Sunday, October 09, 2011

Butt Kicking 101

Last year Bret Bielema, the coach of the Wisconsin Badgers football team, raised a few eyebrows when his team put up 83 points on Indiana and 70 on Northwestern. More than a few people thought that perhaps Bielema was running up the score.

Turns out that Bielema was ahead of the curve. If you looked at the results of the scores for teams rated in the Top 10 in the football polls, there was a lot of that sort of thing going on yesterday:

#1 LSU 41, Florida 11
#2 Alabama 34, Vanderbilt 0
#3 Oklahoma 55, Texas 17
#5 Boise State 57, Fresno State 7
#6 Oklahoma State 70, Kansas 28
#7 Stanford 48, Colorado 7
#8 Clemson 36, Boston College 14
#9 Oregon 43, California 15
#10 Arkansas 38, Auburn 15

The Badgers are the #4 team and they had a bye week. This coming week they will play Indiana, the team they hung 83 on last time. If anything, the Badgers are better this year and Indiana is worse. It could be really ugly in Madison on Saturday.

So what is happening here? Is it that the elite teams have far surpassed their rivals? Or do they have an incentive to run up the score? The answer to these questions is the same thing:  the current college system rewards butt-kicking and running up the score. Much of the input that drives the BCS rankings comes from computers and margin of victory is a huge component. There's no incentive to call off your dogs when that is the case.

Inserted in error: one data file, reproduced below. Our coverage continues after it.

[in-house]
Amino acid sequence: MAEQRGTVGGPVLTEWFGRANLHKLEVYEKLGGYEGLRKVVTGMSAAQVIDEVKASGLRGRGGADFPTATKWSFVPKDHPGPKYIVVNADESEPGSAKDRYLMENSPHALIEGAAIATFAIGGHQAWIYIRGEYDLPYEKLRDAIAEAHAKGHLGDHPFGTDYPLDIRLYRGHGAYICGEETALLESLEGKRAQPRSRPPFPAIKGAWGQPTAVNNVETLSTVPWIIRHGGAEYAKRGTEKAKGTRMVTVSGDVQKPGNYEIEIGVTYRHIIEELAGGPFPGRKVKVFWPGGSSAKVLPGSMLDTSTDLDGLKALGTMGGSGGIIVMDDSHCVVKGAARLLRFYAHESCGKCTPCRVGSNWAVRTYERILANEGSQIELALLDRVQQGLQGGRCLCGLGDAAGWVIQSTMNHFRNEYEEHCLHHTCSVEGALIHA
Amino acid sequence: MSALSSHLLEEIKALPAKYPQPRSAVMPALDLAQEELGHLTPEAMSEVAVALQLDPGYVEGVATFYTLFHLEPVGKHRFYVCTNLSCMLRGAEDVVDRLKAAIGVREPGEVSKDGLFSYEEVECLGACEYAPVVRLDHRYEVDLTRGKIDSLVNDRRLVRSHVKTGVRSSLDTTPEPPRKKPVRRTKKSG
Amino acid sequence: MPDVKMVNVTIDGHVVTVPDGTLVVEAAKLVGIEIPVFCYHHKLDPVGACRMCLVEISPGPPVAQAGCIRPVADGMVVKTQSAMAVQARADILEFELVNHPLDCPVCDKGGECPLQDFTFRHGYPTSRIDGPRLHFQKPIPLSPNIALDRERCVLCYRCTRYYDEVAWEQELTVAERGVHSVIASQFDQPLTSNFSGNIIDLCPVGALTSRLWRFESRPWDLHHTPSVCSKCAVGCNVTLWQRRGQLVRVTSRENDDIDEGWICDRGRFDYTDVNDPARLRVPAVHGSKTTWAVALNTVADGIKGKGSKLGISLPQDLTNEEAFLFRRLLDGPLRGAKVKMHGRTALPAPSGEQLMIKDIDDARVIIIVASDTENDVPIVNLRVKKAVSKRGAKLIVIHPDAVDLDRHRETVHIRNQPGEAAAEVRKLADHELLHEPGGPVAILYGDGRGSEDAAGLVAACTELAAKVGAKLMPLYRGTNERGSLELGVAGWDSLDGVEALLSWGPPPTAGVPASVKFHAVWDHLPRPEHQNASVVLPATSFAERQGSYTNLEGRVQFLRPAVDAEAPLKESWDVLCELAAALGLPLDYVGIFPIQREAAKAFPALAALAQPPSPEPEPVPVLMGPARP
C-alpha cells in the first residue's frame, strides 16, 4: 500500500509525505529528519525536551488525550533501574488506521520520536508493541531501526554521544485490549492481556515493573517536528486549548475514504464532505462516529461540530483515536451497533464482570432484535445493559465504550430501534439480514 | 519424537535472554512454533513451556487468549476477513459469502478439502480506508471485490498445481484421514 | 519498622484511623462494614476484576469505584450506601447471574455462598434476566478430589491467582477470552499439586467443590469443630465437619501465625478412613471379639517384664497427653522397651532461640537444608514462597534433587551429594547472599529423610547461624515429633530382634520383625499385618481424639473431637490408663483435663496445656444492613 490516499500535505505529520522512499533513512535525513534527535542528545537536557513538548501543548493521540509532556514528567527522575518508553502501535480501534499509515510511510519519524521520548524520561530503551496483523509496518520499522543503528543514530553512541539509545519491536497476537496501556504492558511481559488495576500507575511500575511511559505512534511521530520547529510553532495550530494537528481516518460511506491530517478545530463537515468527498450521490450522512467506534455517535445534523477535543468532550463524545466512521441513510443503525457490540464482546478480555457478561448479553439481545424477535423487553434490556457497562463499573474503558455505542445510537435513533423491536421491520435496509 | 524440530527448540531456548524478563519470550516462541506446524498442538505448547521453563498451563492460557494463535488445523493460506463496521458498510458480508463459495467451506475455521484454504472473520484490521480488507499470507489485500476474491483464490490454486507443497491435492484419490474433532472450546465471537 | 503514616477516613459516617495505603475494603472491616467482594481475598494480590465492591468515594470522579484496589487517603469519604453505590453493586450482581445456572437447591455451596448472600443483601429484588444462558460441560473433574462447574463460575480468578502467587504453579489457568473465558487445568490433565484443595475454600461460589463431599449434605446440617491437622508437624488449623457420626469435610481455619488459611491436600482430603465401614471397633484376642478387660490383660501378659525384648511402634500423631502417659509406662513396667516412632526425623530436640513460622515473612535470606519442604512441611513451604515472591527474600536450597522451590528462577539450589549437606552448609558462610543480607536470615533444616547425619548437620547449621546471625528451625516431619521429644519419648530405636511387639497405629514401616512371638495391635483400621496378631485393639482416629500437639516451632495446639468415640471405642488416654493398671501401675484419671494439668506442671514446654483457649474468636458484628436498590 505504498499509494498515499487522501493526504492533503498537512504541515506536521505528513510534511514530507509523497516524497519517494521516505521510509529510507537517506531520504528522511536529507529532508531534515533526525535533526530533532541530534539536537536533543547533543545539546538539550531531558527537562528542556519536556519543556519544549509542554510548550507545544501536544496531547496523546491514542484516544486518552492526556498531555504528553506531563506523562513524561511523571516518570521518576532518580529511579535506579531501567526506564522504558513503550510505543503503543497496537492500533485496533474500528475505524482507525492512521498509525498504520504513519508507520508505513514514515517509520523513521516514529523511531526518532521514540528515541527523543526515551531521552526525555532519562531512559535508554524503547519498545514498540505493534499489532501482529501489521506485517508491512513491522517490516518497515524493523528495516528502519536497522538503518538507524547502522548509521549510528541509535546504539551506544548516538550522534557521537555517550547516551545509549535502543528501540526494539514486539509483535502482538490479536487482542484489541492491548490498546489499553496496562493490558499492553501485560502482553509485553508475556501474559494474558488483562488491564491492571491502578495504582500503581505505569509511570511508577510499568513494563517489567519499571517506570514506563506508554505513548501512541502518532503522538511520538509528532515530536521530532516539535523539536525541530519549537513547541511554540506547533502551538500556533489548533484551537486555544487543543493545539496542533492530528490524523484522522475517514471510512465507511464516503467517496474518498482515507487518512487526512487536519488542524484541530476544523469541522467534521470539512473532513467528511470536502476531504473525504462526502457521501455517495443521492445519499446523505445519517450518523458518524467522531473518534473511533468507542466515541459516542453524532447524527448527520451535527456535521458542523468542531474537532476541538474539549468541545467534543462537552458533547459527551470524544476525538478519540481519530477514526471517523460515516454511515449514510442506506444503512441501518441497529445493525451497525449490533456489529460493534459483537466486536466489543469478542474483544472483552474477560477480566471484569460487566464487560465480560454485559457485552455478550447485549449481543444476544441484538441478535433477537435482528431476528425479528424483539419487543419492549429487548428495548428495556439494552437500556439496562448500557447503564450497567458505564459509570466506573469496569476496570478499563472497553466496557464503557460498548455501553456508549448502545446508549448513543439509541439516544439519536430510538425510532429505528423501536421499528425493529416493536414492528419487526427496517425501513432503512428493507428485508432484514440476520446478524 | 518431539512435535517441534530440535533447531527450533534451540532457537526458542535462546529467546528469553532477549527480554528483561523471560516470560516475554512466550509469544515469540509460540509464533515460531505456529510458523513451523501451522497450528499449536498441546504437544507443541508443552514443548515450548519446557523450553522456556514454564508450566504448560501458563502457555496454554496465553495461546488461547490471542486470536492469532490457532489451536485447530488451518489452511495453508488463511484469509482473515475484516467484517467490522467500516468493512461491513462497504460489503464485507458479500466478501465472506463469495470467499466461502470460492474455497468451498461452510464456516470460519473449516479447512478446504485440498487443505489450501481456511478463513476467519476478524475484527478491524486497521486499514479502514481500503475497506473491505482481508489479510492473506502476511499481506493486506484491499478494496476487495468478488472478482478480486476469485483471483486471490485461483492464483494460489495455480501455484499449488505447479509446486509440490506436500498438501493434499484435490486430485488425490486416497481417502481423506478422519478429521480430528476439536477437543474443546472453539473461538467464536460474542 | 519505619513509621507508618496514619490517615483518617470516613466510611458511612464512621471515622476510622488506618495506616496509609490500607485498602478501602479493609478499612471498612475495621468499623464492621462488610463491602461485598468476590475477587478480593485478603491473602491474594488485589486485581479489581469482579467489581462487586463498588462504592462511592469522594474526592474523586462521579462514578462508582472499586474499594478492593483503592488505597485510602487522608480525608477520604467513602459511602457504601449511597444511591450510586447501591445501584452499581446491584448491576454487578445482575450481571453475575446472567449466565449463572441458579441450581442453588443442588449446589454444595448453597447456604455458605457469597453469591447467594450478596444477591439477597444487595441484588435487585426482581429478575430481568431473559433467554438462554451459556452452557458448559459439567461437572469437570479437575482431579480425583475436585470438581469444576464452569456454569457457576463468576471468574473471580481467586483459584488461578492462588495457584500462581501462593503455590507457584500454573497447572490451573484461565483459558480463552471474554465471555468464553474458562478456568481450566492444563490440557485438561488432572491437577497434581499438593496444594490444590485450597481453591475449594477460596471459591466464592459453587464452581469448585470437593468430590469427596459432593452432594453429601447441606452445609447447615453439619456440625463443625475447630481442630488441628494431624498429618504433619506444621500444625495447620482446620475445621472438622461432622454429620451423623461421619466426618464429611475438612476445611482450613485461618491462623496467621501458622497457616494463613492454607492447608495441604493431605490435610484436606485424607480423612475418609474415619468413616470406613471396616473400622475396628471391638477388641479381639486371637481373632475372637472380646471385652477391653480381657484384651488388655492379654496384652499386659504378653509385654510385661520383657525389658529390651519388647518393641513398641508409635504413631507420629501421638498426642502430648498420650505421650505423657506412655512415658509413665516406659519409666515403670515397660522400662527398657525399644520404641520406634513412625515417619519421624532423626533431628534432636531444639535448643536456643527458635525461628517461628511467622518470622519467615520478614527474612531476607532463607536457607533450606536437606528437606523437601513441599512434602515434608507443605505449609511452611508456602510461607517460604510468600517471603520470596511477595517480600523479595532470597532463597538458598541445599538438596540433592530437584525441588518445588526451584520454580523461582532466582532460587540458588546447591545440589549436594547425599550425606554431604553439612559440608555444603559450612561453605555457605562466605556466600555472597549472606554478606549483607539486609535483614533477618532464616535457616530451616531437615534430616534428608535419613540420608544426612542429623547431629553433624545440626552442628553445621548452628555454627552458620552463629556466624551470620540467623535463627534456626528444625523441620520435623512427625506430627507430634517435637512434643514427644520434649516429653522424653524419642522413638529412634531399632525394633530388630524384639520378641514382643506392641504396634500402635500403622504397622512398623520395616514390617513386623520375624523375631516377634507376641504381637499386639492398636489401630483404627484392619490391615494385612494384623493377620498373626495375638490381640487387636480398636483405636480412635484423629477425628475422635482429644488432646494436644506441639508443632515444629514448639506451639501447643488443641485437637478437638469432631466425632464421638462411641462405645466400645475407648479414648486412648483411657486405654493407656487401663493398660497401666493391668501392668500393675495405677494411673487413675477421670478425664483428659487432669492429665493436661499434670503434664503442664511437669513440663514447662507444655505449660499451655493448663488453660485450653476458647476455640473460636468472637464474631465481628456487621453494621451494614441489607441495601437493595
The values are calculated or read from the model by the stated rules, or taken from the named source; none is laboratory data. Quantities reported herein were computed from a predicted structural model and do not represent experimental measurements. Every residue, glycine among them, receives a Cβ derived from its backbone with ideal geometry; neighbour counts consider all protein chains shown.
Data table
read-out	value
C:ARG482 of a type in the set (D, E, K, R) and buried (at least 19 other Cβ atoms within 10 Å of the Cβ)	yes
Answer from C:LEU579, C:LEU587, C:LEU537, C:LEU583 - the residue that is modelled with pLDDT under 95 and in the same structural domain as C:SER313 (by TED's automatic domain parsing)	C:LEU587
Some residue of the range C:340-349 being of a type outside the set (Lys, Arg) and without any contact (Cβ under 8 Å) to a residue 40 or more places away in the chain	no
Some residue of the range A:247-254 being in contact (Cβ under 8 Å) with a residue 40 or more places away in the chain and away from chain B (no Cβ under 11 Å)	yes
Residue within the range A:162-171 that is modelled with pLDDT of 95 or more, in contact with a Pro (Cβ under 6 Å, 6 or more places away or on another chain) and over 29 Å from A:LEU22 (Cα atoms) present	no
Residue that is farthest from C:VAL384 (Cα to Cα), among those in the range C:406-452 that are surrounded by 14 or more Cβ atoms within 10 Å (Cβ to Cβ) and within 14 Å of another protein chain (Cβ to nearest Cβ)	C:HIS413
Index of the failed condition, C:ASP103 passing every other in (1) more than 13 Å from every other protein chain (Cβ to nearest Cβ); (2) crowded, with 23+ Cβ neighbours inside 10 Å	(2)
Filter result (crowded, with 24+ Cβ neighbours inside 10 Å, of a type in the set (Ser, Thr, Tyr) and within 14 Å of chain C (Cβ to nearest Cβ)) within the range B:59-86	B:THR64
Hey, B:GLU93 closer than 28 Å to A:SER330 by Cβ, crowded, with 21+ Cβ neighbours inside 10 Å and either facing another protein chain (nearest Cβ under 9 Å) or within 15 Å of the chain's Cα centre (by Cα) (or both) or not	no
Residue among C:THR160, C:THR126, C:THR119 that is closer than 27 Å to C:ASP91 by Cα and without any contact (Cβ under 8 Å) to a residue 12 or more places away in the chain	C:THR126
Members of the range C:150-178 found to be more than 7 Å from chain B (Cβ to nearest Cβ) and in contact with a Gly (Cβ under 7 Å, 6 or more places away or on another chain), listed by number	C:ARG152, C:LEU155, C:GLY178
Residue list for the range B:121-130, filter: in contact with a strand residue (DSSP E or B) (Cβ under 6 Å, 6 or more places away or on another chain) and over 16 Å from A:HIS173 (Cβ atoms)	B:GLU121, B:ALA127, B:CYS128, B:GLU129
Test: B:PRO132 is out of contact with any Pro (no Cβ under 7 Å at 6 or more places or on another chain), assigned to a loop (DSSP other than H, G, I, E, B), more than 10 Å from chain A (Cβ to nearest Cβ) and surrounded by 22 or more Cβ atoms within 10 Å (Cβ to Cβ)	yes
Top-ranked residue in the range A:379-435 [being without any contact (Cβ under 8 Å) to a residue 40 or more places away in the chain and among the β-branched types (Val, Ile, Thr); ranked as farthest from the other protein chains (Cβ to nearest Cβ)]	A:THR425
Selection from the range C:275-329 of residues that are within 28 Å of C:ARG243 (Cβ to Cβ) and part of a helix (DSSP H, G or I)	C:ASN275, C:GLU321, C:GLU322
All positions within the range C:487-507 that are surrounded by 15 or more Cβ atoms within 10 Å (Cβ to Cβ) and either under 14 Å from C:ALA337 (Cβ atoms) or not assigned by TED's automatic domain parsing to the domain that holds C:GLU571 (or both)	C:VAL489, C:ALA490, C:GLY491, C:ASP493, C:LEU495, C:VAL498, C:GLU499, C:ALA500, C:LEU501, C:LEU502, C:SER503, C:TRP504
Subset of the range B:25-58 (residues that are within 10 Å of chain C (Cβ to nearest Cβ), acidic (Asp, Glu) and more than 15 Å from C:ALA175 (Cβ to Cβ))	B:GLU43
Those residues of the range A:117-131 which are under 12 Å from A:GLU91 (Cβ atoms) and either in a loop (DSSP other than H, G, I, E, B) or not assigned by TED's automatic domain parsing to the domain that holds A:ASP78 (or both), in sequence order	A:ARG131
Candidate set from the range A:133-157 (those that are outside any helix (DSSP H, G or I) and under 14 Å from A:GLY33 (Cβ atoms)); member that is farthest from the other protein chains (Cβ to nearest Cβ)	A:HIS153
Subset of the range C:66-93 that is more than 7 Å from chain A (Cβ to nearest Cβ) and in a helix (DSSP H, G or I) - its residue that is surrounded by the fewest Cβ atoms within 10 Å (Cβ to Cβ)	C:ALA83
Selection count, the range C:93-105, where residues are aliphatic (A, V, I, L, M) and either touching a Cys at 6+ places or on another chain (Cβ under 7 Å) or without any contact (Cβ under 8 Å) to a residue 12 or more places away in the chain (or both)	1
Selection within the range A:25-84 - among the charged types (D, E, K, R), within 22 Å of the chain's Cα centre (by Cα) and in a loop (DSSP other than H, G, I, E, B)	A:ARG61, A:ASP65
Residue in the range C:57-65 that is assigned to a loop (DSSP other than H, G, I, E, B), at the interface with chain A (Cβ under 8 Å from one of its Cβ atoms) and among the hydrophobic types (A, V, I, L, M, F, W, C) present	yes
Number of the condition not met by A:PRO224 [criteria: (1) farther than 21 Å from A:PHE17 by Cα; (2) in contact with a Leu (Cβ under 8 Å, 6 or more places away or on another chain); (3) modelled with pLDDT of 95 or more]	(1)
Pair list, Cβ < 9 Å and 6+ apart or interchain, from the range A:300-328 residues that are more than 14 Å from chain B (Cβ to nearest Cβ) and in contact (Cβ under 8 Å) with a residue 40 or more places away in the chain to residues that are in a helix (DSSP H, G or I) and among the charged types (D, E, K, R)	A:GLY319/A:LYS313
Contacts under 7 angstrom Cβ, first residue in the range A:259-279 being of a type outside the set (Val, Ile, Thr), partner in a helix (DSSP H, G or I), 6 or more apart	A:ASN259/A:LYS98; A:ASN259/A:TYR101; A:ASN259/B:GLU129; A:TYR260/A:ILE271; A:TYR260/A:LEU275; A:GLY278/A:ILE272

Does this sort of thing lead to a better brand of football? I doubt it. It's no fun to be on the business end of these sorts of scores, as the Gophers are finding out regularly this season. And while some of these Top 10 teams will play one another as the season goes on, there's little reason to believe that the overall results will change. Let's just say this -- I don't like it much.

1 comment:

Bike Bubba said...

I remember growing up, it was a sign of maturity that a coach would generally refuse to run up the score. For that matter, players would often refuse to run up the score as well as a matter of being gentlemen and principle. Not that football players have tended to be moral paragons at any point, but at a previous point, it was better, I think.